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IBS Lunchtime Research Seminar - The first deglobalization and its implications for the current one: an inequality perspective

Henley Business School
Event information
Date 19 April 2023
Time 13:00-2:30 (Timezone: Europe/London)
Price Free
Venue Henley Business School, Whiteknights Campus
Event types:

You are cordially invited to attend an IBS lunchtime research seminar by Professor Peter Scott Henley Business School. Please join us in Room 108, Henley Business School. If you have not received the email invite please email Angie Clark.

Title: The first globalization and its implications for the current one: an inequality perspective

Date: Wednesday 19th April 2023

Time: 13.00 - 14.15pm

TeamsA Teams link to the seminar is included for those who cannot attend in person, however attendance in person is preferred.


The first globalisation, which began around the second quarter of the nineteenth century and reached its zenith during 1870-1914, considerably increased international trade and economic growth, but destabilized the world economy. This article examines how globalization sowed the seeds of its own destruction, creating instabilities and inequalities both within and between nations. There were many “winners” from globalisation but also many influential “losers,” who promoted anti-globalization policies such as trade protectionism; military expansionism; imperialism, and the scapegoating of immigrant and ethnic minority groups, to maintain their status. More widely, globalization progressively destabilised the balance of power within Europe, mainly due to Germany’s emergence as the prime European “Great Power.”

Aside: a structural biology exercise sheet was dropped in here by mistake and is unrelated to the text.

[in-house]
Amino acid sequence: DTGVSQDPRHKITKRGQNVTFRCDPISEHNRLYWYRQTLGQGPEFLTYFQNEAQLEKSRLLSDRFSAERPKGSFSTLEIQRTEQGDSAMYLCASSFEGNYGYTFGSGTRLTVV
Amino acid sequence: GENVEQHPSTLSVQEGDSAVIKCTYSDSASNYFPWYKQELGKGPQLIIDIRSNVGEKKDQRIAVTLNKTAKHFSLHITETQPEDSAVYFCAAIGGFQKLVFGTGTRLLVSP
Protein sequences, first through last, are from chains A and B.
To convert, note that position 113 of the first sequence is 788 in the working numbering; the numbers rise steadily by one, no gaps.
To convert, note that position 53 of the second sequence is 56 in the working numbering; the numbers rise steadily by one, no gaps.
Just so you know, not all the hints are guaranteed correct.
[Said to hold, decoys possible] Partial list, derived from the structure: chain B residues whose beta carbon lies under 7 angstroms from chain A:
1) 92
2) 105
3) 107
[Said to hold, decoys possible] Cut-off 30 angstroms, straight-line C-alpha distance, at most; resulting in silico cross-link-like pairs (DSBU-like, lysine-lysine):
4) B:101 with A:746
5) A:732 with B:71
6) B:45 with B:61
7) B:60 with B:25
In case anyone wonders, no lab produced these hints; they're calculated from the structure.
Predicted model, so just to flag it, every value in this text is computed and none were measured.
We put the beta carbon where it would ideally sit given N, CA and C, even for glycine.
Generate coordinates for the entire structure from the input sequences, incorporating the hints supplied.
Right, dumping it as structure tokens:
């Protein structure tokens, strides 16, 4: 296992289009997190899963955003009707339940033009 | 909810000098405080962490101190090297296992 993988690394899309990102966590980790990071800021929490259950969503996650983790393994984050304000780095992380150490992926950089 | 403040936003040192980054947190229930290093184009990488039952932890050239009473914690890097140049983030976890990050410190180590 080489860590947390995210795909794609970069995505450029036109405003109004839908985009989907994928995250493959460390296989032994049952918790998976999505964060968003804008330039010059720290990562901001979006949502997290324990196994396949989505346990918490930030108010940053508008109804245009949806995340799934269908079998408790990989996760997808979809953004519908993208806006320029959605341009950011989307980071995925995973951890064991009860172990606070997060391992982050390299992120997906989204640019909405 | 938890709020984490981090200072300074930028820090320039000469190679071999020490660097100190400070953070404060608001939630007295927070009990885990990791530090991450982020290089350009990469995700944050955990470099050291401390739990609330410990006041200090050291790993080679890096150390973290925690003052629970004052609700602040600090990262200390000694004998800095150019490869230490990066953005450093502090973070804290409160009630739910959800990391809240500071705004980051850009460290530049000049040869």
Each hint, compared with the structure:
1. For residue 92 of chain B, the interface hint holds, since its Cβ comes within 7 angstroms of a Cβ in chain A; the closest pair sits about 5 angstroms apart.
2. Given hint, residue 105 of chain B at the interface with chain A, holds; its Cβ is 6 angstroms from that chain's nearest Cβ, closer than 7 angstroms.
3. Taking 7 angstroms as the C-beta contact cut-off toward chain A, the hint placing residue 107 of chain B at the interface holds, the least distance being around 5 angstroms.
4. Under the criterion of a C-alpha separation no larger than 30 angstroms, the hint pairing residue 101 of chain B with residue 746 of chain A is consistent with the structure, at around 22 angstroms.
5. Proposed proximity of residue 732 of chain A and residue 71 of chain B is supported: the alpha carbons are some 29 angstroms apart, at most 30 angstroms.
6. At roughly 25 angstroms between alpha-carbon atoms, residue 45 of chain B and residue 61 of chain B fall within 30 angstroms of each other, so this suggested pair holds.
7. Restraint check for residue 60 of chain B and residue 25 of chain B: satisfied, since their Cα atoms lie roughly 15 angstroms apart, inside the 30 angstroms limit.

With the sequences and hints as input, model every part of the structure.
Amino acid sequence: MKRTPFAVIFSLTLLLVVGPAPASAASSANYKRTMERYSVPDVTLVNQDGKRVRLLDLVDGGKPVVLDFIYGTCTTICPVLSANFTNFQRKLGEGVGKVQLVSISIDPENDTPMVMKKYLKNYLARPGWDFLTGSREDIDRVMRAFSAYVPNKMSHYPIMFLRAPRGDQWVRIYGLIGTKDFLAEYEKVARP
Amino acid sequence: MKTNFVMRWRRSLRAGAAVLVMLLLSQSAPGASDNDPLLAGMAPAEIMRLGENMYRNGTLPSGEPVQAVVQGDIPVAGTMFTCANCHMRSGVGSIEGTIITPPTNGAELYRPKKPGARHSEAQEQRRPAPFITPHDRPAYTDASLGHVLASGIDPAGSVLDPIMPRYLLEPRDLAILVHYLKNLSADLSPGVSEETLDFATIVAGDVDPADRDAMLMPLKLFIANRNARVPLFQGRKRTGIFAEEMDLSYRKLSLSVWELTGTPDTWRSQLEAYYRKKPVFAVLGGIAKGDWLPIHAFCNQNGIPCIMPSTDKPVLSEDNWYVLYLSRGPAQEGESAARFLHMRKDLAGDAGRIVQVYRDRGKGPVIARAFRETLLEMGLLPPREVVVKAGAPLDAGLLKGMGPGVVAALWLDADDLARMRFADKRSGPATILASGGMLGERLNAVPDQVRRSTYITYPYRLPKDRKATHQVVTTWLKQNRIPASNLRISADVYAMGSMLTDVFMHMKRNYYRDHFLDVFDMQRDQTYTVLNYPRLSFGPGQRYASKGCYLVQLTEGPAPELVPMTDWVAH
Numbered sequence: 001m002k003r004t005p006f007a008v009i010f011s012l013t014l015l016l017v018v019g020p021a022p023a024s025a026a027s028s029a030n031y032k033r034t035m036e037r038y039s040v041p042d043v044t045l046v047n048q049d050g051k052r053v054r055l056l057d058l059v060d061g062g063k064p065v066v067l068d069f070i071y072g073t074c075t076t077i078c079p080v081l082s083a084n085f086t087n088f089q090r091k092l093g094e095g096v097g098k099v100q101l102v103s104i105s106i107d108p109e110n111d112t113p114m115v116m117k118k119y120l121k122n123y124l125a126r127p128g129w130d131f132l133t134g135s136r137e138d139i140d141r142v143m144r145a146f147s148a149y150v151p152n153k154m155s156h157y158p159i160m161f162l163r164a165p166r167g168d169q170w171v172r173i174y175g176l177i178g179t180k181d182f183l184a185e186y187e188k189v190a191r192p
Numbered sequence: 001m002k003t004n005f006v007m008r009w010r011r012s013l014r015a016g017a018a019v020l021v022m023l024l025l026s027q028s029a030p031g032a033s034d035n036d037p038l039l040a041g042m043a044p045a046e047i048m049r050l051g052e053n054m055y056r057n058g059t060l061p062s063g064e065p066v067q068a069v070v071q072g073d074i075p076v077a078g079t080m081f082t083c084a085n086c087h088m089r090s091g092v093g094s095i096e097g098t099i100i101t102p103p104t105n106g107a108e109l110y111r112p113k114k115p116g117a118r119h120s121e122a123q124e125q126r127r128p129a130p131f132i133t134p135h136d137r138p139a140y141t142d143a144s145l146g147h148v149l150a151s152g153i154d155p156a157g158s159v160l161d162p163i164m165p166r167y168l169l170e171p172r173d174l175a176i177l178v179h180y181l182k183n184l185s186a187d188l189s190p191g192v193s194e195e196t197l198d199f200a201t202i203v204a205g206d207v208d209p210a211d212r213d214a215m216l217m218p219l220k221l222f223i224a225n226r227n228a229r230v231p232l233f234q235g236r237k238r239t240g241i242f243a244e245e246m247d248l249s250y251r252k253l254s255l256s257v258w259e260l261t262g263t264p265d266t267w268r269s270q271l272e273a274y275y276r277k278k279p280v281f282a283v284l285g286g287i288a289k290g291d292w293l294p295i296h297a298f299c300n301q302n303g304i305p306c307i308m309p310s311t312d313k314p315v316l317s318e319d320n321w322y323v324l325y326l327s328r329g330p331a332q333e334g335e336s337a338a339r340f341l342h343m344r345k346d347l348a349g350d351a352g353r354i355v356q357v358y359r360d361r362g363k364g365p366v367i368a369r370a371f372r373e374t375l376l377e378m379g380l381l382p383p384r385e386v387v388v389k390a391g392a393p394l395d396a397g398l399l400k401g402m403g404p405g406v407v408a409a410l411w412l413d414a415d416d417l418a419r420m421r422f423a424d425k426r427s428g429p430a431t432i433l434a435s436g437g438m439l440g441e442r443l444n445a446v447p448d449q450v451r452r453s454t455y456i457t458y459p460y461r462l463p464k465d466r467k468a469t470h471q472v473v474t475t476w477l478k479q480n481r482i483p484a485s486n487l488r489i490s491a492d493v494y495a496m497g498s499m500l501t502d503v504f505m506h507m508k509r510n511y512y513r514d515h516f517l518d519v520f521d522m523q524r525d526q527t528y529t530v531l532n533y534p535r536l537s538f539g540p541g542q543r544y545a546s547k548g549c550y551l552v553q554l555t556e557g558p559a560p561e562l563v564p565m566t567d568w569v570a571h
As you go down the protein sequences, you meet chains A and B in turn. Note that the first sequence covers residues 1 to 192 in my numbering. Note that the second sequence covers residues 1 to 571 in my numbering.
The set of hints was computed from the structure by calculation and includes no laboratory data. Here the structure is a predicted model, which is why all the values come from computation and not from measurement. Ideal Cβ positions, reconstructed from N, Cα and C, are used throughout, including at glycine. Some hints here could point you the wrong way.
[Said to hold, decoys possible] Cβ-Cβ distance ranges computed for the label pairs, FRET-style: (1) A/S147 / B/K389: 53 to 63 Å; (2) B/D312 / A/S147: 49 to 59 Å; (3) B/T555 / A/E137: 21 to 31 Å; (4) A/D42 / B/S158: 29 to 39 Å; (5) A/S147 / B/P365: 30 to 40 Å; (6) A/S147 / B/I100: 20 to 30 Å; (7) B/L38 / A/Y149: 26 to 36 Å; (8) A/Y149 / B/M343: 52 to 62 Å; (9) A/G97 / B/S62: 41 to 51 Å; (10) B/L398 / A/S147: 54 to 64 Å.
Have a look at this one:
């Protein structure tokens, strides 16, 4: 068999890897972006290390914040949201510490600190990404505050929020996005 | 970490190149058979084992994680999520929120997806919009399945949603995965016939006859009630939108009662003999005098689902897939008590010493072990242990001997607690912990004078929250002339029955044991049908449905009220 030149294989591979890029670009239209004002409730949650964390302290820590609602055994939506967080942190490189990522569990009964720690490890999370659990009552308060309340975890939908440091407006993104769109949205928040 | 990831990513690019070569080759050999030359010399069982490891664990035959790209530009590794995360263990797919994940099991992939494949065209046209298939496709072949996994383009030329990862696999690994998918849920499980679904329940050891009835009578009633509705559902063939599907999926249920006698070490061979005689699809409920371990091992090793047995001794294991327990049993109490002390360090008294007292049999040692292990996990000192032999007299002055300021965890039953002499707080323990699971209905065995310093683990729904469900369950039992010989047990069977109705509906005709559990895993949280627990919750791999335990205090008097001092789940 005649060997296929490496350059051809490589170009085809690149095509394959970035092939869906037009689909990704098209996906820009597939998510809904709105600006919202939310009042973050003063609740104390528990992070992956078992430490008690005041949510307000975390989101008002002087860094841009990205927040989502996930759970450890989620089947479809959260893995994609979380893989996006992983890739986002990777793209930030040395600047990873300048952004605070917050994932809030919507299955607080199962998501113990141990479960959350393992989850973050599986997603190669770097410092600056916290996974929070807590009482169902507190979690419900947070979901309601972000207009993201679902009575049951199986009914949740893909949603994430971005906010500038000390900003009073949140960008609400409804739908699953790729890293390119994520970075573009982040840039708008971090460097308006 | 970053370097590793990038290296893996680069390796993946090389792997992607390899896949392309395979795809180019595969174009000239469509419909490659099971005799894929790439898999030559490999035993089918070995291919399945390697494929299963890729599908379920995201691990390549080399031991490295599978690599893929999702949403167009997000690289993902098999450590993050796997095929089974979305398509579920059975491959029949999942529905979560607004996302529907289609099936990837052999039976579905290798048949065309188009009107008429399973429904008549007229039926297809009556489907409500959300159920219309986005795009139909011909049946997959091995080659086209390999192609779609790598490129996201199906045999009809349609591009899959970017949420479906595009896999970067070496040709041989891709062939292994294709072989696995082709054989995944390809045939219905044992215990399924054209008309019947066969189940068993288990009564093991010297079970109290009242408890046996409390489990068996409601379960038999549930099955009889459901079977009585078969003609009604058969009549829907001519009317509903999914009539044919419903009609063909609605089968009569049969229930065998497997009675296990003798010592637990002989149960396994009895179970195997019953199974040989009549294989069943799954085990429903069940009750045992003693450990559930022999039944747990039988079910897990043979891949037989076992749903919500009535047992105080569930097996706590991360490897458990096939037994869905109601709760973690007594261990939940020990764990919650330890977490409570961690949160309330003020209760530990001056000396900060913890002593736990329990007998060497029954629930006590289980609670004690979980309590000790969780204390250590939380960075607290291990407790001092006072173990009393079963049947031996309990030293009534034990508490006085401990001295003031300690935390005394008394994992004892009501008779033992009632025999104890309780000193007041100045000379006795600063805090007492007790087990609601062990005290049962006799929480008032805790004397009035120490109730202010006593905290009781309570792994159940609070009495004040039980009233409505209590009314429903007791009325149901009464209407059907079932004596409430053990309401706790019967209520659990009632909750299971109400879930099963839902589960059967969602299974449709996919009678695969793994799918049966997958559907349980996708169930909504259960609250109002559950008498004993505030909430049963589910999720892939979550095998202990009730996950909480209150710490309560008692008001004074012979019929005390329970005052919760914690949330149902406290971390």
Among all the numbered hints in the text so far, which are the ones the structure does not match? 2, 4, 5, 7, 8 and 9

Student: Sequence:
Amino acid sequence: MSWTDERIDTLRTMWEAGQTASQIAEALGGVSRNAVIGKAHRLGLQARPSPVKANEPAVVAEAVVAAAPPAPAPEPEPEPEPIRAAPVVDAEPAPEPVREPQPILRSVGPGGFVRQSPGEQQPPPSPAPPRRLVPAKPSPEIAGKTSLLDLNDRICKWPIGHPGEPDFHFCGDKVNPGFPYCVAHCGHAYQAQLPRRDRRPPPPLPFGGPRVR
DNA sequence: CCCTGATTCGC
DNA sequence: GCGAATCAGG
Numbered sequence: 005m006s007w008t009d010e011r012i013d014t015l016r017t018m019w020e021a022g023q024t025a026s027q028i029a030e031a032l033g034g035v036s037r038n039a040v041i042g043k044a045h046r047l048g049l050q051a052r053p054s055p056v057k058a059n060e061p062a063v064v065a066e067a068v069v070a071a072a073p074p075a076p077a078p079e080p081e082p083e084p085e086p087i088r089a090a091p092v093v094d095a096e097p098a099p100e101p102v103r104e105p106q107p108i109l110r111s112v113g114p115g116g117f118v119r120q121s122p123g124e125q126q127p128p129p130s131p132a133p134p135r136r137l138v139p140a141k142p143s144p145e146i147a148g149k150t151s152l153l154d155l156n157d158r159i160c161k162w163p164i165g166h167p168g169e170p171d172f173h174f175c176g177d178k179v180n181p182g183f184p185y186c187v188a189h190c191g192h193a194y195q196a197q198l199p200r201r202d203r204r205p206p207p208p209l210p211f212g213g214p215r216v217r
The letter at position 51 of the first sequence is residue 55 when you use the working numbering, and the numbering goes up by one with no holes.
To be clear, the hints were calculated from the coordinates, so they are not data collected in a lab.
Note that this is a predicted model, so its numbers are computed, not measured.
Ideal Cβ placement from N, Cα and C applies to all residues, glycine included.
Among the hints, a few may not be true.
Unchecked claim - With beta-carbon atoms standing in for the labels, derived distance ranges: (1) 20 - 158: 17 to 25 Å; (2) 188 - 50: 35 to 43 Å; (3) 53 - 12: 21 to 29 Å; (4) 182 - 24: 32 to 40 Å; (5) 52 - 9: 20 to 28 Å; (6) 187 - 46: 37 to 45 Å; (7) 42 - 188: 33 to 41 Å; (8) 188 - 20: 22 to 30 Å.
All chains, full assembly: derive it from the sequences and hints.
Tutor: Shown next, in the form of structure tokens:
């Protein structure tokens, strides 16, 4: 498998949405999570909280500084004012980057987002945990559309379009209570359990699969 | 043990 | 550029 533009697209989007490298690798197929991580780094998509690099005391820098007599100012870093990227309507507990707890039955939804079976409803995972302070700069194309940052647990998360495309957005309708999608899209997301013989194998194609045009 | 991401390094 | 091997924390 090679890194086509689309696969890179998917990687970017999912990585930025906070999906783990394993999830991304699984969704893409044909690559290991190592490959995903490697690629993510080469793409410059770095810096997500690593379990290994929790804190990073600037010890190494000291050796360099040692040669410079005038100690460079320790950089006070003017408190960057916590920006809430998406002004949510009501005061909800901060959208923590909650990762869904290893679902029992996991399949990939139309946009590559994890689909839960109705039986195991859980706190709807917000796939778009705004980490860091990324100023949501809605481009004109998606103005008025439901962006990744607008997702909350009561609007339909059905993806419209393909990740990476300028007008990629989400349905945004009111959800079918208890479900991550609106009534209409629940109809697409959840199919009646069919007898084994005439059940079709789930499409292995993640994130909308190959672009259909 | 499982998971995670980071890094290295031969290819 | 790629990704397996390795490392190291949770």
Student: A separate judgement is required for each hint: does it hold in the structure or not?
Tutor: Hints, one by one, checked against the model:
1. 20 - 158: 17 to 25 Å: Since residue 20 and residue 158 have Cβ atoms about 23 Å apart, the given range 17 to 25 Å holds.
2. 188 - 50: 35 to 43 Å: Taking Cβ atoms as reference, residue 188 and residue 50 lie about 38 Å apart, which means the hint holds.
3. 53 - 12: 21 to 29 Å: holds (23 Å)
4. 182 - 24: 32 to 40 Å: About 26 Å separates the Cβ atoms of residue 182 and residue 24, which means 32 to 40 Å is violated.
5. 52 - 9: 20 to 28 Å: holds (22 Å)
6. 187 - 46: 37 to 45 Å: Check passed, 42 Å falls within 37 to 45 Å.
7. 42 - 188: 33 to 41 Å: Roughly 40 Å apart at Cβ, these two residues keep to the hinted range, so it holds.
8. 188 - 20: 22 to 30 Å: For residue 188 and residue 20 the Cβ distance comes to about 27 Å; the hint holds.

These factors suddenly terminated globalization in 1914. World War One and its aftermath created world over-supply of commodities and incentivised “beggar thy neighbour” policies in trade, international investment, taxation, currency stability, and migration, creating autarchic regimes that used their legal and extra-legal powers to channel national income into rearmament. Conversely, the democracies progressively lost control of their tax bases (especially regarding the top one percent of the income distribution).

The paper also explores how, during World War Two and its aftermath, policy-makers finally learned the lessons of the first globalisation’s downfall and developed trade, currency, and international capital movement policies that prioritised long-term stability over short-run growth. Finally, the paper examines the implications of the downfall of the first deglobalisation for the current one, and the lessons we can draw. A historical perspective highlights salient factors for contemporary business; particularly that deglobalization can come as a very sudden shock, creating ripple effects that are enduring and very difficult to reverse. Moreover, the decisive shock is likely to be at least partially driven by the direct and indirect impacts of globalisation, which boosts trade and global economic growth, but is profoundly destabilizing, as it increases inequality and undermines the established order.

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